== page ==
Another victim of, in a way, his own success (because his event is so big), is Nick Wigley of Goose Live Events, who had to cancel the Silverstone Classic.  He has set up a crowd funding site to help his small events company through the crisis.  “As a small independent events company passionate about what we do, Goose Live Events has been hugely challenged financially by the need to cancel the Silverstone Classic in 2020.  With 10 months’ work already done by the team in preparation for the Classic prior to its cancellation and costs incurred for an event that isn’t now happening, COVID-19 has set us back by at least 10 years.  We will survive it, but we’d really appreciate your help,” he wrote to friends and competitors.  “Any support you feel able to provide would be hugely appreciated... and in recognition of the fact that our charity partner, Alzheimer’s Research UK, is expecting a drop in support by as much as 45% as a result of COVID-19, we will donate 10% of any funds received in this way to their very important cause.,” he added.  The address for donations is https://www.crowdfunder.co.uk/support-the-silverstone-classic.

For those readers who have not followed the story so far,  Nick Wigley and Goose were originally engaged to run the Silverstone Classic on behalf of erstwhile organisers Racing at Silverstone Ltd. (RAS).  With nearly a year of work done, RAS was ready to pull the plug on the whole enterprise, which would have left Wigley facing a large unpaid bill for all the work his team had put in.  The alternative was to take over the event himself, debts and all.  They say necessity is the mother of invention, and Wigley saved the very existence of the Classic, which has gone on to thrive under his stewardship.

Looking on the positive side to 2021, provisional dates for next year’s Silverstone Classic are 30 July–1 August.  As usual, these will remain unconfirmed until the dates for the British Grand Prix are ratified by the FIA, usually at the start of December.

Those events that rely on large club and spectator participation have virtually all been cancelled for 2020 

MAGAZINE  >  BITS & PIECES > Organisers Fall on Hard Times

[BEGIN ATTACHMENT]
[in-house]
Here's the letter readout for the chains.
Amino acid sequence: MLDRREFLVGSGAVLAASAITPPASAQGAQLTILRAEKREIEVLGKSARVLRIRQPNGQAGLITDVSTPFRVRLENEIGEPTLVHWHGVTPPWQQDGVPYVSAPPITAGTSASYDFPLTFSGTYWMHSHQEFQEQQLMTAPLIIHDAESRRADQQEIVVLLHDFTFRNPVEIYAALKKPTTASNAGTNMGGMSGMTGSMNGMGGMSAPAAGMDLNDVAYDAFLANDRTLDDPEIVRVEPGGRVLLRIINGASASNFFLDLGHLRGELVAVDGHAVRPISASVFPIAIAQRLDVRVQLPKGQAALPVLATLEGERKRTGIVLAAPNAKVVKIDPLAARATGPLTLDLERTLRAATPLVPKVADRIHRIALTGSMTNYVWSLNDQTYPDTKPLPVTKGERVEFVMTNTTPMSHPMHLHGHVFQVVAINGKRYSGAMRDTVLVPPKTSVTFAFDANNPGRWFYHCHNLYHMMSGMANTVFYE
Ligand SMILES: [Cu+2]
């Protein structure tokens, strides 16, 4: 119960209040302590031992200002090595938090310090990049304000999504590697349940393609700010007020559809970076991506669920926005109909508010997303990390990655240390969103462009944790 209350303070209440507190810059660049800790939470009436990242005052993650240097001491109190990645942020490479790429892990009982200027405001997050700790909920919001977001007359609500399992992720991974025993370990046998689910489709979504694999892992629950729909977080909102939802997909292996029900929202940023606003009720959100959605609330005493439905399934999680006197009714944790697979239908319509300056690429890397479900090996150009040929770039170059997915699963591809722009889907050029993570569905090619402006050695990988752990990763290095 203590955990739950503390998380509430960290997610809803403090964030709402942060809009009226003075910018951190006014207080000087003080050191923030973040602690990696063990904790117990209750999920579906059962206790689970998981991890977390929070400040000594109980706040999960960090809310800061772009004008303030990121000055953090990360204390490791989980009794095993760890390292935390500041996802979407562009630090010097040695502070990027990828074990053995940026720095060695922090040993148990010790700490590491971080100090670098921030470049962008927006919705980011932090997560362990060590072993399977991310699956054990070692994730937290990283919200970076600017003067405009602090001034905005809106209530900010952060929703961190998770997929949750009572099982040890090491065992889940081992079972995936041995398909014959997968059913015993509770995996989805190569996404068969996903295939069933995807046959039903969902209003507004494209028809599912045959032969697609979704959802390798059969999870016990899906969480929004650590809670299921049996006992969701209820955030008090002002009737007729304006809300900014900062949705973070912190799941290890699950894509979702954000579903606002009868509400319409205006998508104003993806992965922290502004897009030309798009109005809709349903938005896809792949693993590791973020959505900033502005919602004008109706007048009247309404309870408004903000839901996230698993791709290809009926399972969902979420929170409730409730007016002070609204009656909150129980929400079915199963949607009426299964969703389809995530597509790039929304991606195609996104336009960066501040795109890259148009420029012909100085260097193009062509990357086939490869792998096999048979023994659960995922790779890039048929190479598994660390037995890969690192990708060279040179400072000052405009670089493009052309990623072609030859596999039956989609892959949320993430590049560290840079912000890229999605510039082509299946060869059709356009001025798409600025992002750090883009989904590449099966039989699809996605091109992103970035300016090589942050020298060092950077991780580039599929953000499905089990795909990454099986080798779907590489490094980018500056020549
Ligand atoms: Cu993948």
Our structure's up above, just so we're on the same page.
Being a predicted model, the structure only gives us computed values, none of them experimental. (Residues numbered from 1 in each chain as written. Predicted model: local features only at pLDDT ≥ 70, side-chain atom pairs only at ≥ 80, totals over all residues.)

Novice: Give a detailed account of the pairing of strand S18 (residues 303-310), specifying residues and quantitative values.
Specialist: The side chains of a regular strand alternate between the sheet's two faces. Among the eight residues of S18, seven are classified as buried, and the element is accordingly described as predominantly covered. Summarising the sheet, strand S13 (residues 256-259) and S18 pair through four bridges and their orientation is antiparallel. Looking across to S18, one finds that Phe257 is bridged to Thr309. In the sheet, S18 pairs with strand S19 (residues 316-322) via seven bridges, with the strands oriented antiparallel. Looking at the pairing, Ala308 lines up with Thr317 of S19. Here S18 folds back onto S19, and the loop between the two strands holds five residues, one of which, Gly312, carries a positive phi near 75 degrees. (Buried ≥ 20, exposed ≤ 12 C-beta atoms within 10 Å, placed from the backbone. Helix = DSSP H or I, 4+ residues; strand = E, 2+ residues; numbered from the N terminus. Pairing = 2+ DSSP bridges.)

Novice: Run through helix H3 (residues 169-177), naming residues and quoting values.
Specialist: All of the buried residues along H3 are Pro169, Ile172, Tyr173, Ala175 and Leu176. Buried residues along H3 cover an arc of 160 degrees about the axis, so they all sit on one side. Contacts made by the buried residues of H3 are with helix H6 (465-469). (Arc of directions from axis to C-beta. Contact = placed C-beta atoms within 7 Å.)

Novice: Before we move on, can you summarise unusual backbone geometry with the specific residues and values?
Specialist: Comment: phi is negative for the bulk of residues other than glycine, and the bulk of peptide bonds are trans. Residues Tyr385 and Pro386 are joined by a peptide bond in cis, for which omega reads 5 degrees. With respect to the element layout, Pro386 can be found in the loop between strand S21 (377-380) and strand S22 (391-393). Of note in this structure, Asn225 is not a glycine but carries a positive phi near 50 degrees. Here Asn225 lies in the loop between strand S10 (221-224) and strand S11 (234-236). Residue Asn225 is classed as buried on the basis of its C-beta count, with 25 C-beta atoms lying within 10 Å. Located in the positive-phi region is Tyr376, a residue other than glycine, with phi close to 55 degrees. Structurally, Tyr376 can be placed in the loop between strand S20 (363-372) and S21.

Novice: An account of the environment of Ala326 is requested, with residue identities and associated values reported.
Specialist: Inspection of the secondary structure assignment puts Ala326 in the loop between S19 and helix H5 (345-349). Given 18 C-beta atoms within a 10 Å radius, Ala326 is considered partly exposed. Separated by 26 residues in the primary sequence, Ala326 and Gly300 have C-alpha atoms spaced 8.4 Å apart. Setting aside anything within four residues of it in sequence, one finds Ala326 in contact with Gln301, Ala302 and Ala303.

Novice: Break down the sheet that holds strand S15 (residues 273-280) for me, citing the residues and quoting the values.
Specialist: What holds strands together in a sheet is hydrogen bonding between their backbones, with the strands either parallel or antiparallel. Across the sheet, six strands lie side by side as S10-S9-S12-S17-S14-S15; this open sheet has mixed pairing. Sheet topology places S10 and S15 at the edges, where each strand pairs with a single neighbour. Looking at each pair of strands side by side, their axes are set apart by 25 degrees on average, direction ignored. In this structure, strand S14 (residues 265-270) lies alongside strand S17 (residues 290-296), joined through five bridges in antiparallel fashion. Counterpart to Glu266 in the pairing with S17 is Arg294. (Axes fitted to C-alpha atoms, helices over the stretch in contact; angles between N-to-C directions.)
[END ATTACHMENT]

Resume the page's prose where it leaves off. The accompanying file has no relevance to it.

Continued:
MAGAZINE  >  BITS & PIECES > From our June 2020 Letters Section, From Simon Hadfield

Dear Carol,

Strange days these, I trust all is well with you.  Just to pick up on an article in the May HMRN about lap times, your correspondent interestingly takes my time from the last time I raced a T70 at Goodwood to make his comparison.  The point is that I was asked (effectively told) not to go faster than 1’20”.   I’m actually quite proud of my 1’19.955 done without a lap timer!  Your correspondent should really have compared Nick Padmore’s very much faster time, also set in a T70 that so “rang the bells” at the MSA. 

More interesting still are the lap times set at the TT in 1959.  Stirling was on pole at 1’32 and change in the Aston, Brooks second on 1’33 and a bit in the Testa Rossa and third was Graham Hill in the works Lotus 15 in the 1’34s.  Last time I looked the fastest Lotus 15s are now doing 1’25s....... and are not being driven by Graham Hill!

MAGAZINE  >  BITS & PIECES > From our June 2020 Letters Section, From Nick Atkins

Dear Carol

Thank you for producing a very enjoyable magazine at a time when there is nothing substantial to report.

John Hopwood’s article in the May issue on technical developments in historic motorsport is very well balanced and in my opinion the directions that he proposes and the questions that he asks are all the right ones.

At club level, the CSCC for instance, operates loosely Appendix K events, as well as a number of other nostalgias such as Modsports and Supersaloons that are very enjoyable, but for National and International competitions a set of clear regulations is essential.

As I perceive it the current position of the FIA is back to basics, back to the homologation papers and any other hard information from period, and I’m personally happy with that since it means that it should not be necessary to invest in lighter and shorter lifed parts not used in period.

As we all know there are always opportunities to improve performance that are invisible to the kind of cursory inspection that time allows for scrutineering at competitions.  Right now the easiest things to check are most rigorously inspected, the labels on seat belts and fire systems dates, seat homologation, gloves, boots, suits.